Sufism (q.v.) appears in the 9th century among the Mahommedans of Persia as a kind of reaction against the rigid monotheism and formalism of Islam.
About twenty-five years later the first theoretical handbook of SufIsm in Persian was composed by Ali b.
Redhouse in the preface to his English metrical version of The Mesnevi, Book the First (London, 1881); there is also an abridged translation of the Mathnawi, with introduction on Sufism, by E.
The mystical tendency in Islam, Sufism, is also regarded as heretical (see Kuenen's Hibbert Lecture, pp. 45-5 0).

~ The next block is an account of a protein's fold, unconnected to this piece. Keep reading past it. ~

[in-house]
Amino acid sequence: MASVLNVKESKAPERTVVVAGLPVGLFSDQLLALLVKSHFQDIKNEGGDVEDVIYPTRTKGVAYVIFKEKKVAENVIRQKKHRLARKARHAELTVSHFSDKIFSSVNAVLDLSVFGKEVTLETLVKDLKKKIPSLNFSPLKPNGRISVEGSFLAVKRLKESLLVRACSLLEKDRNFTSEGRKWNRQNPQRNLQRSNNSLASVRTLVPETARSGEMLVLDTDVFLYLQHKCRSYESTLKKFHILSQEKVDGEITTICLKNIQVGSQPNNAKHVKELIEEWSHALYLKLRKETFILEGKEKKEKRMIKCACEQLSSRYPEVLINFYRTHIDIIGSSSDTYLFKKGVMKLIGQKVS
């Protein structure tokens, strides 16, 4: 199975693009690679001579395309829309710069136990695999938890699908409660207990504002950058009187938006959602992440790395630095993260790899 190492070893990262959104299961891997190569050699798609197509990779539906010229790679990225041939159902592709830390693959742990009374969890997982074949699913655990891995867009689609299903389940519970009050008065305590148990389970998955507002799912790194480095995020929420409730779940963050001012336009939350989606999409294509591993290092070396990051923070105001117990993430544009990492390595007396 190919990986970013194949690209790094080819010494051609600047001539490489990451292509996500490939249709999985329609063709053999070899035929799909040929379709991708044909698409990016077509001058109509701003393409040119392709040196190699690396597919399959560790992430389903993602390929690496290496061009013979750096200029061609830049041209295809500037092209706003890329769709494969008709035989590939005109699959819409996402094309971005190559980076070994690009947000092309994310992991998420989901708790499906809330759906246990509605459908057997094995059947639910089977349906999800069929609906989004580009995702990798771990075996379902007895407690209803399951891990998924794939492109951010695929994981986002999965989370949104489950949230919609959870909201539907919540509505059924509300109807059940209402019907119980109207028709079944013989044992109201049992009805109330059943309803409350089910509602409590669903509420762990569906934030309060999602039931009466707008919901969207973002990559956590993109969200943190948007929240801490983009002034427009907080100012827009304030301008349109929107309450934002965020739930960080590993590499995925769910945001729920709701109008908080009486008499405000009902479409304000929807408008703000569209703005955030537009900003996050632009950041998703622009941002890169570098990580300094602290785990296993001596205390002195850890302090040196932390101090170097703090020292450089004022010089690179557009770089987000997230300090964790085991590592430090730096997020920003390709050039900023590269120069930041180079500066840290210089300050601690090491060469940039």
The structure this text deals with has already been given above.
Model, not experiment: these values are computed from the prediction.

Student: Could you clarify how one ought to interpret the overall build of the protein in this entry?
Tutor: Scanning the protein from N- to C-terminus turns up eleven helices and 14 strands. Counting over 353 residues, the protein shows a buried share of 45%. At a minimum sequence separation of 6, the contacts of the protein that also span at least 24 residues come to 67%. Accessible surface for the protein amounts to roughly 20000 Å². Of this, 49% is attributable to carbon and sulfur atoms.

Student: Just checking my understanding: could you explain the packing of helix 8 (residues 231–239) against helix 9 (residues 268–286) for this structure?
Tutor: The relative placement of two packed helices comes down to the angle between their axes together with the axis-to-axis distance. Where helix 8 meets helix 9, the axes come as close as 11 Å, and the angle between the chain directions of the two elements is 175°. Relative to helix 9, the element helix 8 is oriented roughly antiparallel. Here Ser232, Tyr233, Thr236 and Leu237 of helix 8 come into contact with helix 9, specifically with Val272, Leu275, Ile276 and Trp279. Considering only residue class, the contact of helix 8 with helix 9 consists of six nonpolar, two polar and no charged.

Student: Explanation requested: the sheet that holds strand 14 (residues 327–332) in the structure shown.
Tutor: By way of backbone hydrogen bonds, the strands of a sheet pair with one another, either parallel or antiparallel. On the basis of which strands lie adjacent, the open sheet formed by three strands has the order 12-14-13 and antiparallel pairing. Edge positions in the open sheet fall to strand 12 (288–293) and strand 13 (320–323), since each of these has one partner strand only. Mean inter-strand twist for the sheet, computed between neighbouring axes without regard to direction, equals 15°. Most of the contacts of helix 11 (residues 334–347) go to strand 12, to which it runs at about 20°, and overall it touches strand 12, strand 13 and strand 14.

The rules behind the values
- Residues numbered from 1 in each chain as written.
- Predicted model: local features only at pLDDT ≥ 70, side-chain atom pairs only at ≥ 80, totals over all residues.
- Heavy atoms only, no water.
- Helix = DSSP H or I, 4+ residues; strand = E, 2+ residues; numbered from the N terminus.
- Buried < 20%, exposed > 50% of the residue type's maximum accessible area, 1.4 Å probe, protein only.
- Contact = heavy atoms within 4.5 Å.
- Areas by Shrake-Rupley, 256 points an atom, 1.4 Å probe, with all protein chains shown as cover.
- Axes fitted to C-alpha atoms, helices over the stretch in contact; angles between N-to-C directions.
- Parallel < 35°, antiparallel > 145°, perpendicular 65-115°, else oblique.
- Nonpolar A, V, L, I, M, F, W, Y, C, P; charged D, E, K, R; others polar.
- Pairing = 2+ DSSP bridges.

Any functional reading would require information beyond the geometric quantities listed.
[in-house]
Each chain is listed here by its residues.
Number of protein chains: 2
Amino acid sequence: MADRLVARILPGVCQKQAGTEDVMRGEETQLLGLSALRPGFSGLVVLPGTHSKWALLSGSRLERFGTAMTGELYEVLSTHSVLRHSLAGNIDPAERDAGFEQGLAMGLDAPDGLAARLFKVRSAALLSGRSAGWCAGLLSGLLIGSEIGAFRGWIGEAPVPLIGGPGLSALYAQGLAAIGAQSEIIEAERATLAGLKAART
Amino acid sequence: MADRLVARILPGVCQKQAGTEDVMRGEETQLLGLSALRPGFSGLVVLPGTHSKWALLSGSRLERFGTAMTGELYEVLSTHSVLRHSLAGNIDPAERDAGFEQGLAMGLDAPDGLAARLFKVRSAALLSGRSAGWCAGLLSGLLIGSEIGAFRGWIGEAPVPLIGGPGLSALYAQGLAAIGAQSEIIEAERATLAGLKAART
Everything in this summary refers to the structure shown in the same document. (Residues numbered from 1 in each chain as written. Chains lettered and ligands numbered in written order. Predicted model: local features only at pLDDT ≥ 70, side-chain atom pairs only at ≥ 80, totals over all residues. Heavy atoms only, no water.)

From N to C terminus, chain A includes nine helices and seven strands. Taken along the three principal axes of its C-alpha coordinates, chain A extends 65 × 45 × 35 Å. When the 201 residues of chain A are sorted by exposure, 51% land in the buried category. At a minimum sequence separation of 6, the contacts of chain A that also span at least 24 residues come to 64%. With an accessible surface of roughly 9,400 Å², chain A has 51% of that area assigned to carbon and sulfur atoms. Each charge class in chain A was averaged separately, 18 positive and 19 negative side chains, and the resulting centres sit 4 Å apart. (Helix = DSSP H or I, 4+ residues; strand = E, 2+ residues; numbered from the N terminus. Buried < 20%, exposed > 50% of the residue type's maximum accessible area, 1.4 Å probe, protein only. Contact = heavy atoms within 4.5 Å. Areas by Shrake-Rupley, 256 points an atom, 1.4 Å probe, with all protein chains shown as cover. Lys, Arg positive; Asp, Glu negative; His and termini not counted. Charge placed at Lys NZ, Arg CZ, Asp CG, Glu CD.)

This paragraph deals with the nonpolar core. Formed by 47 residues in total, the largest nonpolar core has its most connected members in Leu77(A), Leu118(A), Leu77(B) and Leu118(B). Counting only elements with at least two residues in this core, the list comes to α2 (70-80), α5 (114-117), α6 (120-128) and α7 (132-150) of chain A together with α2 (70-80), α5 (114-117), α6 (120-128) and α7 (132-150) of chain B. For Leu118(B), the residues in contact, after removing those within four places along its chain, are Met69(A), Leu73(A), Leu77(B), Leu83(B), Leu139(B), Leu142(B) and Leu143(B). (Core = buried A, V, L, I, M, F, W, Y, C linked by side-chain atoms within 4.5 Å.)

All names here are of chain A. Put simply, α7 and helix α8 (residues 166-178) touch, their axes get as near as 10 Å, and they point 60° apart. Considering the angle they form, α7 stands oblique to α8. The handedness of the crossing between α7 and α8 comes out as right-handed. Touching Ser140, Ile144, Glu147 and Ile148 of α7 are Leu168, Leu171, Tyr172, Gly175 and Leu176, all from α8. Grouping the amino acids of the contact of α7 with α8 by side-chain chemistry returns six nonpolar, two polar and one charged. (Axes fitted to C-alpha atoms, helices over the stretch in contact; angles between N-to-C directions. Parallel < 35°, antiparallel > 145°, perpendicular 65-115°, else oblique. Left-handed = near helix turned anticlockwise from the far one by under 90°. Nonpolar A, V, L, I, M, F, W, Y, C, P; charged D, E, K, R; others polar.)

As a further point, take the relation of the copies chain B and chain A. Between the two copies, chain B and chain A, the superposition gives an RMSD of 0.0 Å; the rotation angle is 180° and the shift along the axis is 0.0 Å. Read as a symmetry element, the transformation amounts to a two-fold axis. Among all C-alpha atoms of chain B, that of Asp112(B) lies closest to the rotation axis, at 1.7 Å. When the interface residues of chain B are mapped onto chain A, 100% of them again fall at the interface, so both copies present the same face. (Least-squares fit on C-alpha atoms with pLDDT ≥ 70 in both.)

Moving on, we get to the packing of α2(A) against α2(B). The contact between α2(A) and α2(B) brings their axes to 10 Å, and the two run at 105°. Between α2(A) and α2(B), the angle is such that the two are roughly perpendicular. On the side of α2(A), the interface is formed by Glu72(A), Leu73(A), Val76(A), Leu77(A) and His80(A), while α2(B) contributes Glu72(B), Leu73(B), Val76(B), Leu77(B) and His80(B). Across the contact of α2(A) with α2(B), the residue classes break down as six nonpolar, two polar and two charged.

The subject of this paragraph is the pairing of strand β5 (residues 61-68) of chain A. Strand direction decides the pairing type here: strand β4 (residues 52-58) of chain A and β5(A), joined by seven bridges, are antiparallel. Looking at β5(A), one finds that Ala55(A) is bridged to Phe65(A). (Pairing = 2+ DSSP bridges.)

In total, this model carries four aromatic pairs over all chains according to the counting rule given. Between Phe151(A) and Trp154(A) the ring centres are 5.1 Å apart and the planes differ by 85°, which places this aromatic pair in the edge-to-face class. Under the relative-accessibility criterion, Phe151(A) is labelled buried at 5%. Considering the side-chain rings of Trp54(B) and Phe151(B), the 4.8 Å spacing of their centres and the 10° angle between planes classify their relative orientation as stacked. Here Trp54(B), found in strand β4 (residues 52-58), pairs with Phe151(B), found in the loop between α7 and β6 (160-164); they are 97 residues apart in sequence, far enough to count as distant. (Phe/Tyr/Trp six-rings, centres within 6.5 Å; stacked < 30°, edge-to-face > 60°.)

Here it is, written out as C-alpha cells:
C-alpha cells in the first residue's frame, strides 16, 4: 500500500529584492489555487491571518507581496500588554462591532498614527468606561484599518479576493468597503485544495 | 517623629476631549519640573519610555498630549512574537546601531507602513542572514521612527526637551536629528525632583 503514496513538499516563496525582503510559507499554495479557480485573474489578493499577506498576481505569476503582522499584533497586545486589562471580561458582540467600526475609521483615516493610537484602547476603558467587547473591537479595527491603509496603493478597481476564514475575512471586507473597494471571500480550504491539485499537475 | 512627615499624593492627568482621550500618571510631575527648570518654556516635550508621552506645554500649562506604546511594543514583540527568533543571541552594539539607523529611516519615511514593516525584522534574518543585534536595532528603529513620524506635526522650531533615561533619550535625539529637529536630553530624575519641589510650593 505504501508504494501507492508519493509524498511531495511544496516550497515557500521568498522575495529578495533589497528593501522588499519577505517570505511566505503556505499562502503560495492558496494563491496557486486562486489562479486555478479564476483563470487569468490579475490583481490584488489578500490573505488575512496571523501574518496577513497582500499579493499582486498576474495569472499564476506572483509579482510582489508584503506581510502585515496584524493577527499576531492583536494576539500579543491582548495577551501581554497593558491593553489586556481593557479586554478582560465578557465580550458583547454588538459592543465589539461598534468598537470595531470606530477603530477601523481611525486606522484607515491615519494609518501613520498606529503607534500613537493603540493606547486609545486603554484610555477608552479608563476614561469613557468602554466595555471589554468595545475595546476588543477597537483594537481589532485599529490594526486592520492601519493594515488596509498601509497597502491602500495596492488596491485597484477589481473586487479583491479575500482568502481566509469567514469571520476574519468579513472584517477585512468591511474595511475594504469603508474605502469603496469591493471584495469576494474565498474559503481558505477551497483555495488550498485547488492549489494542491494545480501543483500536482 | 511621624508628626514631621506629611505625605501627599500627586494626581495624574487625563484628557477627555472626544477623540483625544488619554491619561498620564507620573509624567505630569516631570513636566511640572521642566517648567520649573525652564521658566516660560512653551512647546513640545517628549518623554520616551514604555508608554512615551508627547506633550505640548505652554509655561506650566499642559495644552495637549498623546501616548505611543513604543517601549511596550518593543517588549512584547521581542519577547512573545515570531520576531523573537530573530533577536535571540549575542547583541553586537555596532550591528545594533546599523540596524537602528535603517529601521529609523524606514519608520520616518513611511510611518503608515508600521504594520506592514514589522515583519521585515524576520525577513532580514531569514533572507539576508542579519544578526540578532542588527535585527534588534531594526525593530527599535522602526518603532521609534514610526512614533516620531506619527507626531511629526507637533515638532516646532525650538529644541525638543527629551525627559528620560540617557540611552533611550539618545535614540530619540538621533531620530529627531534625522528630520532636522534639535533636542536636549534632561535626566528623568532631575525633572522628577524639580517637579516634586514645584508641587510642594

We pass over the wellstocked sections of philosophy, ethics and politics, of theology, law and SufIsm, of mathematics and astronomy, of medicine (the oldest thesaurus of which is the Treasure of the sMh of Khwarizam, i ~ Io), of Arabic, Persian and Turkish grammar and lexicography, and only cast a parting glance at the rich collection of old Indian folk-lore and fables preserved in the Persian version of Kalilah u Dimnak (see RUDAG!), of the Sindbdndma, the Tiltinama, or Tales of a Parrot, and others, and at the translations of standard works of Sanskrit literature, the epopees of the Ramdyana and Mahbhdrala, the B/ia gavad-Gita, the Yoga- Vasishtha, and numerous Purdnas and Upanishads, for which we are mostly indebted to the emperor Akbars indefatigable zeal.